The Big Interview: Philip Lassman, Vice President, Head of Development, Northern Europe, Accor (2023)

Images © Matt Writtle.

Accor's pipeline in Northern Europe is progressing at a rapid pace, so TOPHOTELNEWS investigated the reasons for this with the Group's Senior Regional Executive.

Felipe Lassmann,Vice President, Head of Development, Northern Europe forAccor, revealed that the next projects in the area are 250 hotels with about 40,000 rooms.

huge territory

The hotel group includes a wide range of areas in its Northern European classification, from Ireland on the western fringes to Central Asia in the east and from the Nordic countries to the Balkans.

The area is divided into four hubs, with Lassman covering the UK, Ireland, Benelux and the Nordic countries, while the other three cover the DACH countries, Eastern Europe and the CIS (Commonwealth of Independent States).

popular places

Where Accor will be locating its upcoming hotel projects, Lassman explained: “Our portfolio is growing at record levels and is fairly evenly distributed. The more mature markets in my region may have a bit more weight, but there is really an upswing in Eastern Europe and new developments in countries like Serbia and Albania.

“There are many new Eastern European destinations opening up to tourism thanks to regional airlines and low-cost airlines, and there is also a growing number of travelers within these destinations. We have some fantastic new resorts along the Adriatic coast, mainly for our premium brands, and that's what Accor wanted to focus more on. My colleagues are doing great things in the Eastern European market.”

However, he stressed: “The mature markets of UK and Germany still have the most transactions, but in terms of percentage growth, we have fewer hotels in big countries like Hungary and Romania, so there will be big increases, and they are a blank canvas . We're pretty close to hitting 20 hotels in Romania, while a few years ago we had two or three. ”

attraction for investors

According to Lassman, the fundamentals behind this increase in development are: “We've had some very solid years and that's attracting new investment into these emerging markets. Investors from outside the region are turning to these locations because of fewer opportunities in more traditional markets. Much more capital is being raised and therefore there is much more competition from investors.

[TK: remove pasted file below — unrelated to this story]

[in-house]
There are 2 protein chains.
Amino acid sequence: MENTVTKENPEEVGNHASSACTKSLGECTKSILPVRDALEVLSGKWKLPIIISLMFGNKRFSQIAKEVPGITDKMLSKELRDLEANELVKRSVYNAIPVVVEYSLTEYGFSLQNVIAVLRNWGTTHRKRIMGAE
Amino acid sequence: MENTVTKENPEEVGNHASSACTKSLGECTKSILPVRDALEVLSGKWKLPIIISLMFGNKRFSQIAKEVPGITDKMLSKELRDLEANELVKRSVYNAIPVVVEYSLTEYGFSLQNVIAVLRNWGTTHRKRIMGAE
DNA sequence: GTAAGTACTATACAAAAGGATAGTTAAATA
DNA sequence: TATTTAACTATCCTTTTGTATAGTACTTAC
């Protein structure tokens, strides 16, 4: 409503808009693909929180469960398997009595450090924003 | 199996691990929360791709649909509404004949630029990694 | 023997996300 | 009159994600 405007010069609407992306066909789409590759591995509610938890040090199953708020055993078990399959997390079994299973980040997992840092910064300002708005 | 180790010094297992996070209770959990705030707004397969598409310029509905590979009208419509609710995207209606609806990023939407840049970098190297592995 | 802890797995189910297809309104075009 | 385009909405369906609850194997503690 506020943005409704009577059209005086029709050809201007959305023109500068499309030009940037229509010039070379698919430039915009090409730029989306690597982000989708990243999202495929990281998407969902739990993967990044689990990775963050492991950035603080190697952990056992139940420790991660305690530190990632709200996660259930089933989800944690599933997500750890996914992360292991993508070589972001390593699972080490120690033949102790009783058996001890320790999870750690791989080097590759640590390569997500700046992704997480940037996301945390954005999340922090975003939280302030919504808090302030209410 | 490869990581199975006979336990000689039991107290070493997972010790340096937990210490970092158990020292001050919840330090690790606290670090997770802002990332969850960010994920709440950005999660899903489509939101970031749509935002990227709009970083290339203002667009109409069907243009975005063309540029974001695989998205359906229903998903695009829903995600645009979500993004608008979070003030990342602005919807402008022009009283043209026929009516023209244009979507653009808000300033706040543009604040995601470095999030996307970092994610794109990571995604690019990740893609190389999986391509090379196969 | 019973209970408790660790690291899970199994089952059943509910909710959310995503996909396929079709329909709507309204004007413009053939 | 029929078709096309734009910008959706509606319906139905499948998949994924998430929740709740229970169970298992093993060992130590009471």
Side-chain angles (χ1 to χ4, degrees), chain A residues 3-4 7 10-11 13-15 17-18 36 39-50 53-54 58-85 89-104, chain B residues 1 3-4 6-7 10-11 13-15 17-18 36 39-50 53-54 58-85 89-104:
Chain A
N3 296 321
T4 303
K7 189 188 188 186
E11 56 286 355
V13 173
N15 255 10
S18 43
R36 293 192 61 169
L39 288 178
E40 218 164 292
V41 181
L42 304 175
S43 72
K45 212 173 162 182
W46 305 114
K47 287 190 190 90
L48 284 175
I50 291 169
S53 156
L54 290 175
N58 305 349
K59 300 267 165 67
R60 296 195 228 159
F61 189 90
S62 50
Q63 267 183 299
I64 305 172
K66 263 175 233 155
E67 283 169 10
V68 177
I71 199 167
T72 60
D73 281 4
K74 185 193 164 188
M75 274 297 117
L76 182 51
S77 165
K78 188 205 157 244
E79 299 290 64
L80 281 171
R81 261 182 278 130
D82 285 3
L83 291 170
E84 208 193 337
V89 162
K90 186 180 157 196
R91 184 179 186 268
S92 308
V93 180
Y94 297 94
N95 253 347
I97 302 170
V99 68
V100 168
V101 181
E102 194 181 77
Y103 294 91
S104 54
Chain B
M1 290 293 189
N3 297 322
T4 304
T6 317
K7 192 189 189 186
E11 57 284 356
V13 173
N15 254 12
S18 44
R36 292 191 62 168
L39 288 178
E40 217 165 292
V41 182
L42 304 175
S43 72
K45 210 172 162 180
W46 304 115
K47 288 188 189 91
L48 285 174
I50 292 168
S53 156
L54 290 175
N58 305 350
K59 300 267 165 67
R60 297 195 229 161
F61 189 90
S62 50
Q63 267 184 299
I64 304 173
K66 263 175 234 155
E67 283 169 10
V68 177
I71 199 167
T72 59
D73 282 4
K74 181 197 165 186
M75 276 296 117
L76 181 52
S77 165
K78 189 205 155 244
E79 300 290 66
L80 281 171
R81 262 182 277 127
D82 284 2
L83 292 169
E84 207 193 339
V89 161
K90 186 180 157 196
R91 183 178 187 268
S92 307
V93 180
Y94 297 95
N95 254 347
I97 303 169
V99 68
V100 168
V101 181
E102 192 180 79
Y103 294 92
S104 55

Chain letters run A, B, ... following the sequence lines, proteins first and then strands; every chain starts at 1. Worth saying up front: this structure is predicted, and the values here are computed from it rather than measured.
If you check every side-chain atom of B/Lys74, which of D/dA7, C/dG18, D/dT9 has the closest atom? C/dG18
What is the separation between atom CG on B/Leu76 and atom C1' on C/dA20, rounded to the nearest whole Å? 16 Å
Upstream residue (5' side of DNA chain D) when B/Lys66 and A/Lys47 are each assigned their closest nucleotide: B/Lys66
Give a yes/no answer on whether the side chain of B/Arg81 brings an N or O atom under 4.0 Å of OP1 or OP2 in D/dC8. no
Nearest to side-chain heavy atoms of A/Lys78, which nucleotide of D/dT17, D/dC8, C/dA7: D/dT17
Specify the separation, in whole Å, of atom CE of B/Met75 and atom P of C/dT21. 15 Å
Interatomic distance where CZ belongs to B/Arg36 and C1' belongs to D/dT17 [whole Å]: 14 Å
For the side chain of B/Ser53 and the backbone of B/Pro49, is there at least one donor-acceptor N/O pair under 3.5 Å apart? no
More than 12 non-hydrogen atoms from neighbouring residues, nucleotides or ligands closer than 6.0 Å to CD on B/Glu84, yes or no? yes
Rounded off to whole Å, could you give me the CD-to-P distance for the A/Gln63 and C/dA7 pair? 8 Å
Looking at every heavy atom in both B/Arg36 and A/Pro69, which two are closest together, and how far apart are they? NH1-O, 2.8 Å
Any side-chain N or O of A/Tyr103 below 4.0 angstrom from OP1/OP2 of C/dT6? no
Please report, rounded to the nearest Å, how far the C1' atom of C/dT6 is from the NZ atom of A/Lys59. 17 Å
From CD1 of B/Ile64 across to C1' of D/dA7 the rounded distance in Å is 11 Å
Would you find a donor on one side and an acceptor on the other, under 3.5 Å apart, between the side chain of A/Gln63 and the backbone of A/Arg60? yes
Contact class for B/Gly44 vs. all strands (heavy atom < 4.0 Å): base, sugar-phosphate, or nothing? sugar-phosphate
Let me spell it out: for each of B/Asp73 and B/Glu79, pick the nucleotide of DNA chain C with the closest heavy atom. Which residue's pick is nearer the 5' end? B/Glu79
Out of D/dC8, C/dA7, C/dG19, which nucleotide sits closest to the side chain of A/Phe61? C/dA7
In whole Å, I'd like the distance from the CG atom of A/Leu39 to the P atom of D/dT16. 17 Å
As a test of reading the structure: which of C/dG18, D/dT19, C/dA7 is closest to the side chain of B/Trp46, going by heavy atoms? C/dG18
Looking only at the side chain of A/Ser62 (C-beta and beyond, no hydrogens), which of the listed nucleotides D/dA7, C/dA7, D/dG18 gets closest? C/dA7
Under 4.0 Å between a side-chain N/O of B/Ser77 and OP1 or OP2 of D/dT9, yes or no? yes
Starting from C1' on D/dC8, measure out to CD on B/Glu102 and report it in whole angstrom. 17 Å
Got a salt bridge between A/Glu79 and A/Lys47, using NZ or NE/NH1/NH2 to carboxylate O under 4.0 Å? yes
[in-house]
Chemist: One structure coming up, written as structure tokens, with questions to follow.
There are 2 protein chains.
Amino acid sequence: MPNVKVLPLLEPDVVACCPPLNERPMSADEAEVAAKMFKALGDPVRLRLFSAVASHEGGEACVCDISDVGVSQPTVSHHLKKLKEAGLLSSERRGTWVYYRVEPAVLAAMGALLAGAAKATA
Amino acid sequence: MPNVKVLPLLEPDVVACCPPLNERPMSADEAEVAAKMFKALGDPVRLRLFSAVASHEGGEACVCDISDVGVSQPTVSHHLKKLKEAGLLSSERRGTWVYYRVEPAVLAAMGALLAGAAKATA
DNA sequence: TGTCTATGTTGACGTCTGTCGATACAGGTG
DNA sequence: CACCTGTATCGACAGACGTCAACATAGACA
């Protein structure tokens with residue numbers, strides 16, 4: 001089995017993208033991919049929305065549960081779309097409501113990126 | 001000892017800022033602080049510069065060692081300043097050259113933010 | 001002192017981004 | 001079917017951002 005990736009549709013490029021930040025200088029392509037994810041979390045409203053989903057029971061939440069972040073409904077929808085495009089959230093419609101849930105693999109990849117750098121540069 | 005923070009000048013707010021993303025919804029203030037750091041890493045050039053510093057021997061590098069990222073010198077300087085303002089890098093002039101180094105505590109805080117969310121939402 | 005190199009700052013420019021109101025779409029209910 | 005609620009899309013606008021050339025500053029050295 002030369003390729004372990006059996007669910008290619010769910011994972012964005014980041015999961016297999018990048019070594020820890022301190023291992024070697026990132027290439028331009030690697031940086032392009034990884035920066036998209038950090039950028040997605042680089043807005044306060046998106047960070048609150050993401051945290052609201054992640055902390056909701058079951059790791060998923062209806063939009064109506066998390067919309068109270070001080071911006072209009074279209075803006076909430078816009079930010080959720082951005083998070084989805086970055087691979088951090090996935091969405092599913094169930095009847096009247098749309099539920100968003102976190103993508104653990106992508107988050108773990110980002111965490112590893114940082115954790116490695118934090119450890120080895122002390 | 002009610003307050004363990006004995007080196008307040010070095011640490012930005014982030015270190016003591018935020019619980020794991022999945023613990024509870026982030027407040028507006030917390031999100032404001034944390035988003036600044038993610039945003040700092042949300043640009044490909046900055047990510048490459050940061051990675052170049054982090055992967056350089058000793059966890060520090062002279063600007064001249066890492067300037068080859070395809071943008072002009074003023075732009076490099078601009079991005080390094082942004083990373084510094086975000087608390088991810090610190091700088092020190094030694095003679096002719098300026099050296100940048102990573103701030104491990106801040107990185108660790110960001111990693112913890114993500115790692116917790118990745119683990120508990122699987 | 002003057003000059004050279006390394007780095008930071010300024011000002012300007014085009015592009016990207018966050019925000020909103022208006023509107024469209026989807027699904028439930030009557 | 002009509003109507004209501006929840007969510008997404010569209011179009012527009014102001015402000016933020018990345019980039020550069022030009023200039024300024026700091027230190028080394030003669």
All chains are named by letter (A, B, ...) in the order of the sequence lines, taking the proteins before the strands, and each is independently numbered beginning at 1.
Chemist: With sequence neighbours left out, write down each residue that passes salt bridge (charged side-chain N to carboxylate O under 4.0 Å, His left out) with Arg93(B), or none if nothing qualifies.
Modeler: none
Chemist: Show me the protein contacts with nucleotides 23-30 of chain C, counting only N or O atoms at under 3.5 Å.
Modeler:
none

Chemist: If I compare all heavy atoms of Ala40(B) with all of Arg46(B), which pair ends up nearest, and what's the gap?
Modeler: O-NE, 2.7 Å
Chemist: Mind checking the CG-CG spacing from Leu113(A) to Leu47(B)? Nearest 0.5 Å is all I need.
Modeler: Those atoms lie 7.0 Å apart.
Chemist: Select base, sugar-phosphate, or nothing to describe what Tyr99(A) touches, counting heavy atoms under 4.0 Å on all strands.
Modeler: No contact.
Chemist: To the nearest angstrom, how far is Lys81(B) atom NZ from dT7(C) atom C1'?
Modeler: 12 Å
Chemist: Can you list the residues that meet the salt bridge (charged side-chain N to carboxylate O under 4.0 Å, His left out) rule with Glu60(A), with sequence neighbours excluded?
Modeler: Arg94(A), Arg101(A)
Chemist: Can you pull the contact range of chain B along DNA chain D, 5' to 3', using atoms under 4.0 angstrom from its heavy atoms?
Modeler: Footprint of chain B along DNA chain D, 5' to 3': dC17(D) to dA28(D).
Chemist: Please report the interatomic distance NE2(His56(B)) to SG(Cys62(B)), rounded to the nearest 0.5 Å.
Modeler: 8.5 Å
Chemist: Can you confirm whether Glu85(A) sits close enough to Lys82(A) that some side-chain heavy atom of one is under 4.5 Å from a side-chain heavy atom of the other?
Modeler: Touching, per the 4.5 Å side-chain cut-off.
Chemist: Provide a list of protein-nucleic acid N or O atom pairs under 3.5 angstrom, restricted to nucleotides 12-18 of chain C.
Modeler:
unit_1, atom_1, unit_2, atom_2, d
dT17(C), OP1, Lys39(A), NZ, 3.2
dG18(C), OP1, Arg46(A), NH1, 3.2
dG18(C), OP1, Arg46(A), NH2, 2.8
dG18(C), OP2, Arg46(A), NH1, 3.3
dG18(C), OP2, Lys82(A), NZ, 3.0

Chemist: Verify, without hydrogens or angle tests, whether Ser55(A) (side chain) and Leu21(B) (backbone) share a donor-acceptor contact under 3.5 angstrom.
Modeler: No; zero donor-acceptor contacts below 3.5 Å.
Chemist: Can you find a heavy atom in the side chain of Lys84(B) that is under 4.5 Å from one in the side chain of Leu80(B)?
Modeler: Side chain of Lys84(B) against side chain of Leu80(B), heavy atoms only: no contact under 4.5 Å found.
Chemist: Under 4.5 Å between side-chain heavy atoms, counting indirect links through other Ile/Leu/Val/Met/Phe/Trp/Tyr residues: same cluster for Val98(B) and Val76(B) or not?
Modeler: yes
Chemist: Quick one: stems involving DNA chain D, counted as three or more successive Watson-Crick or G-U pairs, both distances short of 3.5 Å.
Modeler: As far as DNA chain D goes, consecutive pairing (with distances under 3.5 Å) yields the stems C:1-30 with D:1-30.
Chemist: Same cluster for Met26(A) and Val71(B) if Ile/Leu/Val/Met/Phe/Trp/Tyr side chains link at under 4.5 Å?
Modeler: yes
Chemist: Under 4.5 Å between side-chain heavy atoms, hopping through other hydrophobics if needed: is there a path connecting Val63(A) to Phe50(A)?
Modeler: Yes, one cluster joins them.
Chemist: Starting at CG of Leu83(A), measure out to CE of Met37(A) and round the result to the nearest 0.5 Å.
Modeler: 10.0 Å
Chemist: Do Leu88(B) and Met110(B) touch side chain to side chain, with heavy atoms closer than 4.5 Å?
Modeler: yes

“It's great to see international brands like Accor stepping in and helping these new destinations thrive by putting flags on the ground. Accor's strength as a manager really prevails there because we have a great resource and infrastructure on our doorstep and we're not just a franchise."

shortage of wealth

He added: "There's no shortage of investors looking to get into hotels because it's an attractive proposition, it's a cash flow and asset appreciation business. It is a business property with higher returns. Because Europe is so diverse, you can have a very diverse portfolio, which reduces your risk. Indeed, what we are seeing is a lack of investment opportunities for these investors.

“From a UK market perspective, we have seen a government that has been very supportive of the industry throughout the pandemic. So we didn't see large amounts of distressed assets where all these investors thought there would be. We've seen some off-market deals where agents go very discreetly to a select few, but there's no theft."

positive projects

Discussing Accor's own brands, Lassman emphasized that there is no particular focus: “In general, we are growing in all sectors in EuropeVerlosungen The Old War Office Whitehallcoming to London, which we are very excited about, and new Eastern European Novotels.” These includeNovotel Tiranain the Albanian capital andAquapark Novotel Oradeain northwestern Romania.

He added: “Mövenpick flies in Eastern Europe and we have signed a major project in Spa, Belgium. It will be a conversion of a historic building and will open in the next two years.”

The British way

In addition, Lassman cited other UK projects making waves: “We have just opened this fantastic new Novotel in Liverpool which also has a number of long stay rooms in the hotel. It makes sense because you will have some guests staying one night and others staying a month. It's about allowing flexibility to adapt to market demands. There's no point in having a brand that pigeonholes you into a box that doesn't allow you to capture the business in your area."